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Should adding more housing be illegal even when neighbors support it?

If a property owner wants to divide a row house into multiple units, the neighbors agree, and the local Advisory Neighborhood Commission does not object, should they be able to?

Photo by Andrew Wiseman on Flickr.

The Office of Planning (OP)'s recent "anti-pop-up" zoning proposal would halt this practice, in an effort to keep row houses as one- or two-family homes and reduce the financial incentive to add on top and in back. But at two members of DC's Zoning Commission were not at all pleased with this proposal.

Commissioner Rob Miller said that the Board of Zoning Adjustment has been granting many variances recently to allow these multi-family conversions, but only when—and because—the neighbors and ANC endorse the idea. In fact, he said, the BZA has been sometimes having to bend over backward to get such a request to meet the strict variance criteria. But, at least in his thinking, if this is something neighbors support, why shouldn't it be allowed?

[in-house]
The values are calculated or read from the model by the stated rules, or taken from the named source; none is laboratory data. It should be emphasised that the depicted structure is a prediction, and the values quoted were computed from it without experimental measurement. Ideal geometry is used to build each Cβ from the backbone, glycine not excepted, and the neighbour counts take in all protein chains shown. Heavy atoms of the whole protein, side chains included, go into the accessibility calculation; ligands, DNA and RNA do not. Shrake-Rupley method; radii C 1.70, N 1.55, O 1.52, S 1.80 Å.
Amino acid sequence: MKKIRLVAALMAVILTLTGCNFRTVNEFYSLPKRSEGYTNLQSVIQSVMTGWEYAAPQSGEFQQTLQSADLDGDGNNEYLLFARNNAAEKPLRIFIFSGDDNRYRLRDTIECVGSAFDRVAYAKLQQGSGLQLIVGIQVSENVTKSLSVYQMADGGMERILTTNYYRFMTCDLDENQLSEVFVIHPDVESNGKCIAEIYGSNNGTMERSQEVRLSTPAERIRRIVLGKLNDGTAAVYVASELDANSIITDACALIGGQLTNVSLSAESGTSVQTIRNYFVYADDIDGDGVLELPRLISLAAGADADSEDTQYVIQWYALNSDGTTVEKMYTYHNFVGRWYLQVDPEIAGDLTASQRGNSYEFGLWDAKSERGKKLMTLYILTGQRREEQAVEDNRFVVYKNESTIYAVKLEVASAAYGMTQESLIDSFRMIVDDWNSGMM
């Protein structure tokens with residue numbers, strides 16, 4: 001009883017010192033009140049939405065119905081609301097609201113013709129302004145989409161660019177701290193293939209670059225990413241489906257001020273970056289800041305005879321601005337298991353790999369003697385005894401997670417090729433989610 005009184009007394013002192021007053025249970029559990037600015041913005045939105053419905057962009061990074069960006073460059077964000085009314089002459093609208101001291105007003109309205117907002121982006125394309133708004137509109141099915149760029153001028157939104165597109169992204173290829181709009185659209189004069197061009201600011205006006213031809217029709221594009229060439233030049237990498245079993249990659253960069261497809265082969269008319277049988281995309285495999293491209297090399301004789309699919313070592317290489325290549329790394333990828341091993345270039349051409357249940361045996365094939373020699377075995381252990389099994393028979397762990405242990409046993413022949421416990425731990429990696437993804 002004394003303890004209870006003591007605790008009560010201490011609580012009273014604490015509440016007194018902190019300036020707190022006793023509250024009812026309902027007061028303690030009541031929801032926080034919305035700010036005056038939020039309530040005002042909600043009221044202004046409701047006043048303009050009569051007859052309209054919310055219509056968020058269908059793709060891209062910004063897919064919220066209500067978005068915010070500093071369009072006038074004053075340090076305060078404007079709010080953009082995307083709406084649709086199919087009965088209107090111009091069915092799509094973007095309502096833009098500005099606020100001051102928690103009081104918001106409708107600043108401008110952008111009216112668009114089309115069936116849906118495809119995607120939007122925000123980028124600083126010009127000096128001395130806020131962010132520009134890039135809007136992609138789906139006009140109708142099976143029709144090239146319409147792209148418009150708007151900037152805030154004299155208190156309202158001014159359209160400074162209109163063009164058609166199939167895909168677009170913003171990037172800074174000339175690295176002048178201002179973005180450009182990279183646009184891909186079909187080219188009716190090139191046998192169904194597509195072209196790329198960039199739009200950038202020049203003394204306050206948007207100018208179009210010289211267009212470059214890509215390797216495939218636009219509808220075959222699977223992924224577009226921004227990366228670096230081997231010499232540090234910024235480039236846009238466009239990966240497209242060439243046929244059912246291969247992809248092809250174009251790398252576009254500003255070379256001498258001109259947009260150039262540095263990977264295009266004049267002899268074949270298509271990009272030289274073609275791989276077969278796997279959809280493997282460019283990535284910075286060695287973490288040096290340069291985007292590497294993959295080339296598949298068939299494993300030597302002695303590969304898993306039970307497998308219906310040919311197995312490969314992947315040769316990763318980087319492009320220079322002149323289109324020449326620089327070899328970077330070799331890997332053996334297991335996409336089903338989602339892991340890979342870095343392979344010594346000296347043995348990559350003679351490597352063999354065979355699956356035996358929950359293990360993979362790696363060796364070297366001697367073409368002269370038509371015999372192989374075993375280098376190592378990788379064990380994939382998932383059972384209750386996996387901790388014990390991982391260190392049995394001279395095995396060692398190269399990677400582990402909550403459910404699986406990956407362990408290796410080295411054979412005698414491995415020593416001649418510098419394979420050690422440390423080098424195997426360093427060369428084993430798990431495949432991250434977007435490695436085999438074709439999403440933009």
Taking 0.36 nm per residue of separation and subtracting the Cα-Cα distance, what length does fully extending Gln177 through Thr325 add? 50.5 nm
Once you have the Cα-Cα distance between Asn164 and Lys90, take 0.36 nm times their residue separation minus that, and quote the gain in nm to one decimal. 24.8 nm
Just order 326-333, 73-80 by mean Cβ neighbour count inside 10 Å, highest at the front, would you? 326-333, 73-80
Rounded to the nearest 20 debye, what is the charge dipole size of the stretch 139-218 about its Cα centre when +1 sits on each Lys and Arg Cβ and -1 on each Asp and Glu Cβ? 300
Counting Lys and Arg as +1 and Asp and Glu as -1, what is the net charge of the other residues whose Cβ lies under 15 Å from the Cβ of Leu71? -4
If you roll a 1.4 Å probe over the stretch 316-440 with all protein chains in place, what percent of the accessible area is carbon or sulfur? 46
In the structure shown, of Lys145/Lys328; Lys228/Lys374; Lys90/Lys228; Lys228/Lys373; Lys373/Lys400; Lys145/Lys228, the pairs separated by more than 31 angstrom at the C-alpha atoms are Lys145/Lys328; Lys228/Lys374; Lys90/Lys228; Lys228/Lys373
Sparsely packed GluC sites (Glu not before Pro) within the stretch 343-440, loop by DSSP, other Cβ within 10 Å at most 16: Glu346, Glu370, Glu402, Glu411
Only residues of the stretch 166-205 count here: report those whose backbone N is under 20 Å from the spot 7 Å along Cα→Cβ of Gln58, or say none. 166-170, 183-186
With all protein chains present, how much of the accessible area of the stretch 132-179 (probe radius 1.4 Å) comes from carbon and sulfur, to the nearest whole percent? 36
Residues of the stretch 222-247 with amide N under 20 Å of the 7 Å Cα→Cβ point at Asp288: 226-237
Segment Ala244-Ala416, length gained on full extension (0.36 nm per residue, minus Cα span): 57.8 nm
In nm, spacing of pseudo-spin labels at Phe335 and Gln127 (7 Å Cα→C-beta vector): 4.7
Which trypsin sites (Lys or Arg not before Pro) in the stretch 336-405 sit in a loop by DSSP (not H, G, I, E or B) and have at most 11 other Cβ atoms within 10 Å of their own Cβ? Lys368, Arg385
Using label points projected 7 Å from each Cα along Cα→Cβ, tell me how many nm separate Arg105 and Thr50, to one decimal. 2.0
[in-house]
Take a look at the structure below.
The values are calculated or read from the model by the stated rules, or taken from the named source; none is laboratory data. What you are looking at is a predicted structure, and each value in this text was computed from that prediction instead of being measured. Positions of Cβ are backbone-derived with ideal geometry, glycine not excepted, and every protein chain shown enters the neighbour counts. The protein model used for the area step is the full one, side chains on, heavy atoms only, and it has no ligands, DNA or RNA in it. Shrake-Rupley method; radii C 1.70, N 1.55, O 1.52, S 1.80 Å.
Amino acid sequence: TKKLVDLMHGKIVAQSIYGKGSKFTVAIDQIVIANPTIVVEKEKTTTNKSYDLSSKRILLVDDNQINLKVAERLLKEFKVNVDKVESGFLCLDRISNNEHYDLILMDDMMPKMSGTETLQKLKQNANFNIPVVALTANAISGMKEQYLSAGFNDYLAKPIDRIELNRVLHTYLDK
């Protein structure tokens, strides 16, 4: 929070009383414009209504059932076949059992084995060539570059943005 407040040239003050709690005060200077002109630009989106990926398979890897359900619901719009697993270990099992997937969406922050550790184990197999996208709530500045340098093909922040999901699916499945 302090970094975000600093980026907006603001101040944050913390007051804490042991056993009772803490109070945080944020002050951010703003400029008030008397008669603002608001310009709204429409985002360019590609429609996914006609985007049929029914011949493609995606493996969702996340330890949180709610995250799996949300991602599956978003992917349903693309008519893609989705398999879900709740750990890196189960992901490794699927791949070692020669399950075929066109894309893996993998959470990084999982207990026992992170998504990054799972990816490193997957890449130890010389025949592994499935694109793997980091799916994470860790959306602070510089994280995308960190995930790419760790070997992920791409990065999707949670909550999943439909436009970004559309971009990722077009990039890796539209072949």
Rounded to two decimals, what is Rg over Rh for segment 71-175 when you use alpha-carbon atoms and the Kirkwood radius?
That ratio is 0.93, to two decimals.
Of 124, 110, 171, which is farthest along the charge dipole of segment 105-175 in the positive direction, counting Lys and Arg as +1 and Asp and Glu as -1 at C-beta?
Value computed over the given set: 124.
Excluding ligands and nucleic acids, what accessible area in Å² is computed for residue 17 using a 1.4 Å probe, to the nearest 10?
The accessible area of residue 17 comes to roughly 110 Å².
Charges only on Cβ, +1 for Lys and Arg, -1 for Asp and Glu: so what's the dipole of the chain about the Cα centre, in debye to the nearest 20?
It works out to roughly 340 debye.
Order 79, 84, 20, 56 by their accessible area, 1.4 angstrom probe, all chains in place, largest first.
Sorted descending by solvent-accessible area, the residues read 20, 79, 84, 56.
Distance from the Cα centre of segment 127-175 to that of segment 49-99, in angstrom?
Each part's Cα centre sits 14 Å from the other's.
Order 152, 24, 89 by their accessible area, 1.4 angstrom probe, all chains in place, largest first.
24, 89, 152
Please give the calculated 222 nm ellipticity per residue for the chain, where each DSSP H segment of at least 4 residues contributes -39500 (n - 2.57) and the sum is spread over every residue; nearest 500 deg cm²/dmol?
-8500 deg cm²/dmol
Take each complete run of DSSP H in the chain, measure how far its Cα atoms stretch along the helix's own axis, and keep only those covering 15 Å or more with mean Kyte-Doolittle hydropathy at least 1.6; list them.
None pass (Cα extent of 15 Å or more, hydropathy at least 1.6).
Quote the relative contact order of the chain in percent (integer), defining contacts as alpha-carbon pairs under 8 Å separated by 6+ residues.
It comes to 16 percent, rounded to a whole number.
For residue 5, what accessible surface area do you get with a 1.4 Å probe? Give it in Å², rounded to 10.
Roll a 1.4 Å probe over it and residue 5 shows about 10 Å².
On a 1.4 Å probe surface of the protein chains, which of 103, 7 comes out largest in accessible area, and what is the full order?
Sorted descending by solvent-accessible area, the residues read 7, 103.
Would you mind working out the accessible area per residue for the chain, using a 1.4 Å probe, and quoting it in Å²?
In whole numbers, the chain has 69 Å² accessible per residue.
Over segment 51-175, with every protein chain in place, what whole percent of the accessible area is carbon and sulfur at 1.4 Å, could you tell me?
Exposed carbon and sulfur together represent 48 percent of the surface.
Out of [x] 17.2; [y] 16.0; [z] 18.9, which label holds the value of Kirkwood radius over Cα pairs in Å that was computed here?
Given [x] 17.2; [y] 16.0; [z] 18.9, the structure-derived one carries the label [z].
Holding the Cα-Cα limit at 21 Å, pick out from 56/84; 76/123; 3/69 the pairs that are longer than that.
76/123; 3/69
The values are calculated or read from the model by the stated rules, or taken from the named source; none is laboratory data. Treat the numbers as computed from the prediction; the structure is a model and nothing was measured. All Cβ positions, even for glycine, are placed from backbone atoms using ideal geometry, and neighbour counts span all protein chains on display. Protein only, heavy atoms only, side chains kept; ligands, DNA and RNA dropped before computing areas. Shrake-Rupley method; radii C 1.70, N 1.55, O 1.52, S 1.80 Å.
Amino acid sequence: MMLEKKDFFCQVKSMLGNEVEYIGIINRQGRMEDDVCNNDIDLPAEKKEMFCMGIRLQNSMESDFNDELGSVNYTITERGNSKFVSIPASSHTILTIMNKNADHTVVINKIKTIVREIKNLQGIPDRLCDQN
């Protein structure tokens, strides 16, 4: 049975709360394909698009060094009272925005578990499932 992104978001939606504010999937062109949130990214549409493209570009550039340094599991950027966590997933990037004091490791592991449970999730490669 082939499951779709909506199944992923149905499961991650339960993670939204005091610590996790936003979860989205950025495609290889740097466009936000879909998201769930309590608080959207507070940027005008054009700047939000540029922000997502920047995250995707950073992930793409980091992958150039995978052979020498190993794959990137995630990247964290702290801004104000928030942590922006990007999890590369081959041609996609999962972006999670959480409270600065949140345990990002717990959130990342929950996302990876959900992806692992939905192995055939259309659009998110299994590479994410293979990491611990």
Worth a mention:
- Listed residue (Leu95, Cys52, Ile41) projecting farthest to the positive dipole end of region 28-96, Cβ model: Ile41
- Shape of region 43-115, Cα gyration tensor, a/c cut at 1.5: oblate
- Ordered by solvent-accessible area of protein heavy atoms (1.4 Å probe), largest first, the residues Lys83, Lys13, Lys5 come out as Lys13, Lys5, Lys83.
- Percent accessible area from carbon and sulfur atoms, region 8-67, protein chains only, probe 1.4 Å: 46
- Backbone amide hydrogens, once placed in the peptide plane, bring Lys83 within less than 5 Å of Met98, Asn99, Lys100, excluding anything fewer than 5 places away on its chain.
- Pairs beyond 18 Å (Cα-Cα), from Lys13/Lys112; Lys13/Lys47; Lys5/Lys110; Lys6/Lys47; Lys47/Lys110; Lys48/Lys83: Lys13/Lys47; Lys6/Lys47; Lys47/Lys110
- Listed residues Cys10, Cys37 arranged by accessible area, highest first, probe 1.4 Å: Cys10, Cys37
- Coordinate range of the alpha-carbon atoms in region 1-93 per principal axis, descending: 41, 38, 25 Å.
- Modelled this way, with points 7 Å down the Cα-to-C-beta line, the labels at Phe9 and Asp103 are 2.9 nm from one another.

OP's Jennifer Steingasser acknowledged that in the recent BZA cases, there has indeed been neighborhood support. Often that's because a property is vacant and crumbling, and neighbors are eager to see someone invest the considerable capital that might be necessary to overhaul it. Small developers have said that the economics only work out to do such substantial work if they can create more units.